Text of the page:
SPECIAL OFFER: - Limited Time Only!
(The ad below will not display on your printed page)

The Ultimate Guide to Choosing a Camp

Type of Camp Typical Programs Best Suited For Expert Tips
Camps for Preschoolers
(ages 3 to 5)
Preschool camps -- often an extension of existing programs at nursery or elementary schools -- offer age-appropriate arts and crafts, music, dance, beginning swimming instruction, group games, and ball play; a full-day program should include rest time after lunch. Some day camps offer half-day programs for preschoolers with scaled-down sports equipment and a more relaxed schedule. Toilet-trained children with minimal separation issues; parents often find summer camp to be good preparation for 4- and 5-year-olds who are moving into full-day kindergarten in the fall. Look for the same qualities in a camp program that you would in a preschool: a nurturing, safe environment; developmentally appropriate activities that are not competitive; a varied schedule with enough time to make stress-free transitions between activities. A counselor/camper ratio of 1 to 4 or 5 is recommended.
Day Camp
(ages 5 to 12)
Day camps feature a campus-like layout with one or more pools, ball fields, hiking trails, and indoor or shaded facilities for dining, crafts, and performing arts. Campers are usually transported to and from the camp by bus. A 5- to 7-hour session is divided into 45-minute activity periods of swimming lessons, sports instruction that becomes more complex as children get older, crafts, nature activities, and performing arts. Children who have been in group settings or who seem ready for a program in which they move from activity to activity during the day; older children who want the camp experience without leaving home (some day camps offer a one-week sleepaway option). Visit the camp and observe the interaction between children and counselors. Find a program that offers instruction in the sports your child is interested in learning. To avoid an exhausting commute, aim for a camp less than an hour from home. Experts suggest a counselor/camper ratio of 1 to 6 and 24 hours of training for all counselors in child development and safety.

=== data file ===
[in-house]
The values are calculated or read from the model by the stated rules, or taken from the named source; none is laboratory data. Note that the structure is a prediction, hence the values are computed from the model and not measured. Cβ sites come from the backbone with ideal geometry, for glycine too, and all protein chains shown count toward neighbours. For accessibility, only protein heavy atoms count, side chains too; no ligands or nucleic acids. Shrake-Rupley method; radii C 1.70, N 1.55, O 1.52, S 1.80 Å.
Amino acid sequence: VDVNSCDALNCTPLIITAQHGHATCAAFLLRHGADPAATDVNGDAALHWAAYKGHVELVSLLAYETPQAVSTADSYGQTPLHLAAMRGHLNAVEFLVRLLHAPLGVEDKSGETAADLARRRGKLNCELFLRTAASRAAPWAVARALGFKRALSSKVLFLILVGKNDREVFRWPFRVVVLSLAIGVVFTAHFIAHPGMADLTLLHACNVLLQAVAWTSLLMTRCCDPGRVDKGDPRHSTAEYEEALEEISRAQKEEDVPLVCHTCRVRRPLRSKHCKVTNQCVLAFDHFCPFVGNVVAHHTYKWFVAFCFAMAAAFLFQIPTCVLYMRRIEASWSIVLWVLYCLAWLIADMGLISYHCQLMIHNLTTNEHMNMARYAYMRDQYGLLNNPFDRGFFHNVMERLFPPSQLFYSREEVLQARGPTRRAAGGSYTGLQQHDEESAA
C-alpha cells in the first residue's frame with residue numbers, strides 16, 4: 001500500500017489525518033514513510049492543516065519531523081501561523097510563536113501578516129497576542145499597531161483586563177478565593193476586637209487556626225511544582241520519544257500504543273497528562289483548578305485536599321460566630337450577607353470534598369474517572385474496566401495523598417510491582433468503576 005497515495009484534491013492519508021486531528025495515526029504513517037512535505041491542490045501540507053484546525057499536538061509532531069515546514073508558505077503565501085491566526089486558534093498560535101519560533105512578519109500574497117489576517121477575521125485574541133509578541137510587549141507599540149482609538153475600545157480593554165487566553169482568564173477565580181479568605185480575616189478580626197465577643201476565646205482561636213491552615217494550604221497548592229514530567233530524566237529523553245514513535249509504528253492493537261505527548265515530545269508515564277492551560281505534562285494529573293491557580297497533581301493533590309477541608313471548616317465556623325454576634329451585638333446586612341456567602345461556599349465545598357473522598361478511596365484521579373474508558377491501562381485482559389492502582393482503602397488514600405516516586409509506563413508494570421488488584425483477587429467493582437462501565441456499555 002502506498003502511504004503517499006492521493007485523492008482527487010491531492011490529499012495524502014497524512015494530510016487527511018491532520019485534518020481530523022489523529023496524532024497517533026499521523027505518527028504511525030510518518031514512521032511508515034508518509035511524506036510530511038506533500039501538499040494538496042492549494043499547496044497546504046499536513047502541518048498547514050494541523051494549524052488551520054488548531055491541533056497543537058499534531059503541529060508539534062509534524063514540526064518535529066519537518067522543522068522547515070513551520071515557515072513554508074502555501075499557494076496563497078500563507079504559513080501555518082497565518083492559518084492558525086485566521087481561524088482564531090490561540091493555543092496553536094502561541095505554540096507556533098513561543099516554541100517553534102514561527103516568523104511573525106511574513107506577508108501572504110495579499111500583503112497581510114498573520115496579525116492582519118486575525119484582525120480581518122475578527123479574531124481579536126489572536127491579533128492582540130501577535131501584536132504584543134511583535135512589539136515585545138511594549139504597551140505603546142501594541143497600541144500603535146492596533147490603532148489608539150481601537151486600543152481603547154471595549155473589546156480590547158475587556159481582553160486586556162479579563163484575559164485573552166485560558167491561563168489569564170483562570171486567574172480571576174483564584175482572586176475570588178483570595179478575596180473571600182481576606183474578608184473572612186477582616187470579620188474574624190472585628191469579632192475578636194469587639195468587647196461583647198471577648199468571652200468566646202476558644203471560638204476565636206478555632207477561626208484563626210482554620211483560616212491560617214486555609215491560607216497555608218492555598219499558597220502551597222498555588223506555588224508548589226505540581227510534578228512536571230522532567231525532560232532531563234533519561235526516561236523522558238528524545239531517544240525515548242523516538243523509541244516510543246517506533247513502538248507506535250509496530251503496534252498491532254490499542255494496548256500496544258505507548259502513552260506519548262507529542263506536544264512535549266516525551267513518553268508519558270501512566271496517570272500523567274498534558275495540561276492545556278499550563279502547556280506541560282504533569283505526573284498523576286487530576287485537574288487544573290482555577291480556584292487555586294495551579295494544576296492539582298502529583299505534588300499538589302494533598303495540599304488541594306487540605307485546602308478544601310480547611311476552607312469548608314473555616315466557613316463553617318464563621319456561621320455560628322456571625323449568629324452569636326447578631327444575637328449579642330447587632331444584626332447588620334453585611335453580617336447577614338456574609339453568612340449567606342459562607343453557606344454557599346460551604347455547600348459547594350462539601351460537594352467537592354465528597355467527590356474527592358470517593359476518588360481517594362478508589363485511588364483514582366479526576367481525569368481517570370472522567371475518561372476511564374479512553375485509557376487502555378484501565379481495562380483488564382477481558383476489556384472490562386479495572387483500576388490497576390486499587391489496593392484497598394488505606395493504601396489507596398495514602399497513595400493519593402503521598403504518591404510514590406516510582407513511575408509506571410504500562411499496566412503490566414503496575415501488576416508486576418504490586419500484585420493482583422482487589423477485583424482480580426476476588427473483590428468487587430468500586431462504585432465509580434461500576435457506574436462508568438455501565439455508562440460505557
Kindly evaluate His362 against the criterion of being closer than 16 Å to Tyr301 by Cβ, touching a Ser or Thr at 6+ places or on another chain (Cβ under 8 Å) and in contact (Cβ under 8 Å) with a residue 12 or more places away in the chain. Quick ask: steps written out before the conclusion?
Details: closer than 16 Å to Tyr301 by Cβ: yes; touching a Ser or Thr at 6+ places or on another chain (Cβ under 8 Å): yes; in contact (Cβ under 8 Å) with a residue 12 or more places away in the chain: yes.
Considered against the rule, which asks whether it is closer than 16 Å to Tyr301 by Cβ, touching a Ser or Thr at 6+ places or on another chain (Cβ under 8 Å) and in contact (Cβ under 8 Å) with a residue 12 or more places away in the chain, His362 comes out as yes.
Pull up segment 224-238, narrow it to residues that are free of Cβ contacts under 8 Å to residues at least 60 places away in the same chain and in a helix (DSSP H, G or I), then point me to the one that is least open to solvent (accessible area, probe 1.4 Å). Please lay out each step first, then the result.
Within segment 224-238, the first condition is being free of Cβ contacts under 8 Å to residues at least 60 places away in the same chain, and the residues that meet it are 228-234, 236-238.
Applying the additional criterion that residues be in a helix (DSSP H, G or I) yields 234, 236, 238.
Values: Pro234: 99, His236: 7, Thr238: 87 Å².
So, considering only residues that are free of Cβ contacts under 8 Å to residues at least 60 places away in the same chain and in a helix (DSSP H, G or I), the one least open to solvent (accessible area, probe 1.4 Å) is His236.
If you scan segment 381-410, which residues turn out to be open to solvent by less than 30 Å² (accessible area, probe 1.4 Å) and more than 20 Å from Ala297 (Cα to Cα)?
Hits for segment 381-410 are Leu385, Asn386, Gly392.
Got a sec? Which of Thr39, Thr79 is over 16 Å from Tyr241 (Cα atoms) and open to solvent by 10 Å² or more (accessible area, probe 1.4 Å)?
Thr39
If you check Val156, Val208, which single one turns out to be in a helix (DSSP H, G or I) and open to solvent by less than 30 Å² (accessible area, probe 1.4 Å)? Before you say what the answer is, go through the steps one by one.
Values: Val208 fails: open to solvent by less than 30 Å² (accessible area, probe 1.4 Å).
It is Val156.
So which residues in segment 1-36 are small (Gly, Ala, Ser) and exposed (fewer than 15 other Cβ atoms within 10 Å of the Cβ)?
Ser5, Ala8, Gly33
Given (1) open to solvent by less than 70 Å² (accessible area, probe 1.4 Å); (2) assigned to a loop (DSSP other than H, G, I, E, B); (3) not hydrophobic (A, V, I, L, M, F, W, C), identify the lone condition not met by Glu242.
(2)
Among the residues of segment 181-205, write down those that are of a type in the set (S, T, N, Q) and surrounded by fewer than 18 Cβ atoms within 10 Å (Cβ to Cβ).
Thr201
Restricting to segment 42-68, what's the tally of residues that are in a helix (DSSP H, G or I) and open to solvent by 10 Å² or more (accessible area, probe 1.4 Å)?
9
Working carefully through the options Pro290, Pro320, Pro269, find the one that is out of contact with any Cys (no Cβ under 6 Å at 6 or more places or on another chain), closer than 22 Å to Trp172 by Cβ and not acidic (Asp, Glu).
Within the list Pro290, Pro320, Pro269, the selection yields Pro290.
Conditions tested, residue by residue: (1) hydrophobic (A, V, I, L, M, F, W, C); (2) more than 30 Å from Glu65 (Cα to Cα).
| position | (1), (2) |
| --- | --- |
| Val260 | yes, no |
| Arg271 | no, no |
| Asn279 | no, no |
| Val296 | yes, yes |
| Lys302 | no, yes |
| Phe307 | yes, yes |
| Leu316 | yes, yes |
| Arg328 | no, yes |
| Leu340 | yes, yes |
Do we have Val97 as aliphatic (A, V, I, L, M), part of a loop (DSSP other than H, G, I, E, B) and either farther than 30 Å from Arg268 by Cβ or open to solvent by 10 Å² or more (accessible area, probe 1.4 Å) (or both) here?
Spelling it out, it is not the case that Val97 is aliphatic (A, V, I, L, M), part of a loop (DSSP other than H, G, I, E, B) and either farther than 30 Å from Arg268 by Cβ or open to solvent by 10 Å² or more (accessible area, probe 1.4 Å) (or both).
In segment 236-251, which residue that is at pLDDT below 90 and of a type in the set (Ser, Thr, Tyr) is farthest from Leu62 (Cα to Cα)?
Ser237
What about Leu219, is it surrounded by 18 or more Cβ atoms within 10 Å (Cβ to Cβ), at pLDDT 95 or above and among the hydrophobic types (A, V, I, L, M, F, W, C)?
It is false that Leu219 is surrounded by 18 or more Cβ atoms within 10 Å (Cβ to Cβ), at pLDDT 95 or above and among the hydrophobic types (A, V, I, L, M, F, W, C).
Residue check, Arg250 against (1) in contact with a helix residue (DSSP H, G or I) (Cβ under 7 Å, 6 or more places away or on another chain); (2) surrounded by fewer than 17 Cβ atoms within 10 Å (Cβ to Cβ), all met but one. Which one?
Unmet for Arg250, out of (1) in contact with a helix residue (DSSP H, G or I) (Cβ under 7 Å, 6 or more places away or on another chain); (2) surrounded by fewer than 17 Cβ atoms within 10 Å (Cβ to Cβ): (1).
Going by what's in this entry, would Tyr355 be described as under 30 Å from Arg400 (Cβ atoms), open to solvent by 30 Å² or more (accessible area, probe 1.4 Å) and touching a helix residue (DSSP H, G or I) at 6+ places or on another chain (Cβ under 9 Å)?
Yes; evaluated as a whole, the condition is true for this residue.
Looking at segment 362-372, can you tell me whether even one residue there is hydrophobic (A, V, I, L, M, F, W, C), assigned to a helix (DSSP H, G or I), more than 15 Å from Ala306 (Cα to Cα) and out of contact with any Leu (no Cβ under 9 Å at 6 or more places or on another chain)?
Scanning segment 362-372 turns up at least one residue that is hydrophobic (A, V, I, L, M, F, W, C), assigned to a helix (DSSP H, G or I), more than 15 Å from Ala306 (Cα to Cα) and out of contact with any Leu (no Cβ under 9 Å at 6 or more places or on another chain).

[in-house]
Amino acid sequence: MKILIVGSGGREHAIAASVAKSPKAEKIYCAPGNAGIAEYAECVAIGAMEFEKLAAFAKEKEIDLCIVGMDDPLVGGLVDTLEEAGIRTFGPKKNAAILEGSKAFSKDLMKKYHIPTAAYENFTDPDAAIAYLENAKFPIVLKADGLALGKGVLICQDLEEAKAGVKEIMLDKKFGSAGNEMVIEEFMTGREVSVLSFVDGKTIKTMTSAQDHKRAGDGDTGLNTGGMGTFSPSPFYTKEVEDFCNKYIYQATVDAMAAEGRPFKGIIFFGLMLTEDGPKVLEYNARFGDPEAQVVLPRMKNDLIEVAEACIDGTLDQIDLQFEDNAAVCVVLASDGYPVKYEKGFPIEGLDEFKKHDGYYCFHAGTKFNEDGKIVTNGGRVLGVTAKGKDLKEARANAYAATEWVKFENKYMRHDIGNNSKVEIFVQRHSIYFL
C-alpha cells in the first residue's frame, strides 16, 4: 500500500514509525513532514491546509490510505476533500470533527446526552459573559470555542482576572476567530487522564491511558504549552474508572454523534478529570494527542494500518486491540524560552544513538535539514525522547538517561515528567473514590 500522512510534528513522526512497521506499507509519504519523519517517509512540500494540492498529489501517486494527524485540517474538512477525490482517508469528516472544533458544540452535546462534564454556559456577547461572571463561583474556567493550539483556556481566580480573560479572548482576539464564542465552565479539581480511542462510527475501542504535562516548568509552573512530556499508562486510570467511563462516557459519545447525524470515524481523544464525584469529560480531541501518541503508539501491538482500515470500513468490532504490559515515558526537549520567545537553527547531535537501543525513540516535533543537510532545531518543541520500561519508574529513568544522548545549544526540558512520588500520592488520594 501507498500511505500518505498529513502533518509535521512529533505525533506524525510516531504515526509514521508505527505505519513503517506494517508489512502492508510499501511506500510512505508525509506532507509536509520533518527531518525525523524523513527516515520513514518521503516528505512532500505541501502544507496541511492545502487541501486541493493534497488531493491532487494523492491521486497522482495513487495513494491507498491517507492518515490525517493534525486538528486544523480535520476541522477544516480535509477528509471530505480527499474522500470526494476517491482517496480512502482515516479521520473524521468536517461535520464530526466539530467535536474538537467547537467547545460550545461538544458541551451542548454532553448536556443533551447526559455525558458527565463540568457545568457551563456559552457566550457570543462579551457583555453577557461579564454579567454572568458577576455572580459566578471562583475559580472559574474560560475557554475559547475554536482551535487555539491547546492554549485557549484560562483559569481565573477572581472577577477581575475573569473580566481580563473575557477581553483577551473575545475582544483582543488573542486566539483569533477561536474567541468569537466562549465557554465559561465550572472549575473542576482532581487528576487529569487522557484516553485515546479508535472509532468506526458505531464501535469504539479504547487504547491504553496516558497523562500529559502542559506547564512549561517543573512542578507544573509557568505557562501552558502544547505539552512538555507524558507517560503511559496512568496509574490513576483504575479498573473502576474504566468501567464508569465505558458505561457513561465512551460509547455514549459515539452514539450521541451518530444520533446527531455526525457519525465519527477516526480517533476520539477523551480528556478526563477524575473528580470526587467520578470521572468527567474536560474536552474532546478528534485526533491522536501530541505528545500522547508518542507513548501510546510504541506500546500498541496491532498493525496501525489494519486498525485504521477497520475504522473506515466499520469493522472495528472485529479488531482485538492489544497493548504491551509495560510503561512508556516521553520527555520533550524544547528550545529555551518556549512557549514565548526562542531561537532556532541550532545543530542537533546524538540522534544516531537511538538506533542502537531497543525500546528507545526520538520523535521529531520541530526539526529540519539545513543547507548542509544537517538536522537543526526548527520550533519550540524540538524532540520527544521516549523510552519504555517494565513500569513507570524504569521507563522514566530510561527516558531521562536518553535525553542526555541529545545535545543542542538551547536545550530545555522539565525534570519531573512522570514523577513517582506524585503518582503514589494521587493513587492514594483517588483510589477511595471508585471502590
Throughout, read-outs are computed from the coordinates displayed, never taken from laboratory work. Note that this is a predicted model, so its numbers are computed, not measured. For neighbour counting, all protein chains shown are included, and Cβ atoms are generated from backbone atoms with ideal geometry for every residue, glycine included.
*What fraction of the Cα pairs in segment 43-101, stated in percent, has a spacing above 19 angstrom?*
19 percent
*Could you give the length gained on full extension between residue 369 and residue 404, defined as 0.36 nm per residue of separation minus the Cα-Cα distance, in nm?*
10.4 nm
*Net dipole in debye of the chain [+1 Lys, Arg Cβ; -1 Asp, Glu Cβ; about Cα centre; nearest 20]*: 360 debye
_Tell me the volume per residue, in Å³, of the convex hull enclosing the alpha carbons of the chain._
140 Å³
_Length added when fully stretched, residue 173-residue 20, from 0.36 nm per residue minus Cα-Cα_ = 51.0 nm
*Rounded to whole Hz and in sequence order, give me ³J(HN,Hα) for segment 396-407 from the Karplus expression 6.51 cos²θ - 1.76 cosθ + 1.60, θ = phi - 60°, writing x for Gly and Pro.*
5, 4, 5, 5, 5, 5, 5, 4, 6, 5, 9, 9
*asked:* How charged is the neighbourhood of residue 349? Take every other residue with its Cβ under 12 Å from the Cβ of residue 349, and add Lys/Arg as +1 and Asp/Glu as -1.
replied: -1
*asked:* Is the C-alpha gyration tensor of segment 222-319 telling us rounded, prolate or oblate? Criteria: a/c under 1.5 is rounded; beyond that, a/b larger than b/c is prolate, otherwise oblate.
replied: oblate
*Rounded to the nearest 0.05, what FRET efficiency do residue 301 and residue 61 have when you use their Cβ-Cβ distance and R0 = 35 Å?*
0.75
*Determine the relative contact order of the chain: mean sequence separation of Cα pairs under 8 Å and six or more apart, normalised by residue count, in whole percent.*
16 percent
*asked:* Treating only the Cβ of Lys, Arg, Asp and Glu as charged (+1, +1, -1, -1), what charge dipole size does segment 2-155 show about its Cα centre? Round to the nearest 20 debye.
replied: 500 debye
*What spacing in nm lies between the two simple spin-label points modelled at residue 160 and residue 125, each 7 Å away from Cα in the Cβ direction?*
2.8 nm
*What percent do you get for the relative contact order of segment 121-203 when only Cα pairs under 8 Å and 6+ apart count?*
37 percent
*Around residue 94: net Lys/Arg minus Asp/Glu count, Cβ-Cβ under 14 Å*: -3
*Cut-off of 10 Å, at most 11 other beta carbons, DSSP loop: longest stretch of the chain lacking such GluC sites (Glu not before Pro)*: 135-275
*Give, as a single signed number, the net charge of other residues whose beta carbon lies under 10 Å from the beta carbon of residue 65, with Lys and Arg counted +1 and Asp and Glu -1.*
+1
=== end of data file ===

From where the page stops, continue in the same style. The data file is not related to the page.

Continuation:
Sleepaway Camp
(ages 7 and up)
Residential camps are set on expansive campuses with sports facilities, activity buildings, a dining hall, an infirmary, and cabins grouped by age. Campers can choose from a full range of sports, recreational, creative, and social activities. Length of stay can vary from 1 to 8 weeks, but the summer is generally divided into a full session of 6 to 8 weeks and two half-sessions of 3 to 4 weeks; the first half-session tends to fill quickly. Children who have outgrown day camp, can happily spend the night away from home, and express the desire for a sleepaway experience. Order videos and visit camps this summer to prepare for 2005. You might want to narrow your search by consulting a free camp advisory service (see source box below). You and your child should feel comfortable with the camp's size and the amount of structure and choice in the schedule. Look for a counselor/camper ratio of 1 to 8 (or lower for the youngest campers), with 6 days of pre-camp training for counselors.
Specialty Camps
(ages 10 and up)
Advanced study in sports, visual and performing arts, science, computers, writing, and languages is offered at specialty camps held on the campuses of colleges and boarding schools. Workshops and lessons in professional-quality facilities run for 2 or more hours at a time; academic programs may also include homework and special projects. Middle- and high-school students who feel they've outgrown their sleepaway camp or want to seriously pursue an area of special interest; kids who prefer a school setting with dormitories rather than a more rustic camp setting with cabins. Make sure your child understands the demands of the program he selects. (He'll be taught by college-level instructors or coaches and working professionals in the arts.) Some camps are quite academic; individual sports camps are designed to give intensive training to kids who hope to make their school teams or who are passionate about a sport.
Sources: Laurel Barrie of Camp Connection in Merrick, NY (800-834-2267); Jon Libman of Camp Hillard in Scarsdale, NY (914-949-8857); Lisa Mullen of Tips on Trips and Camps in Del Ray Beach, FL (866-222-TIPS); Peg Smith, executive director, American Camping Association in Martinsville, IN (800-428-2267); Joanne Paltrowitz of The Camp Experts in New York, NY (877-55-EXPERTS). Additional research by Amanda Greene and Kerry Vales.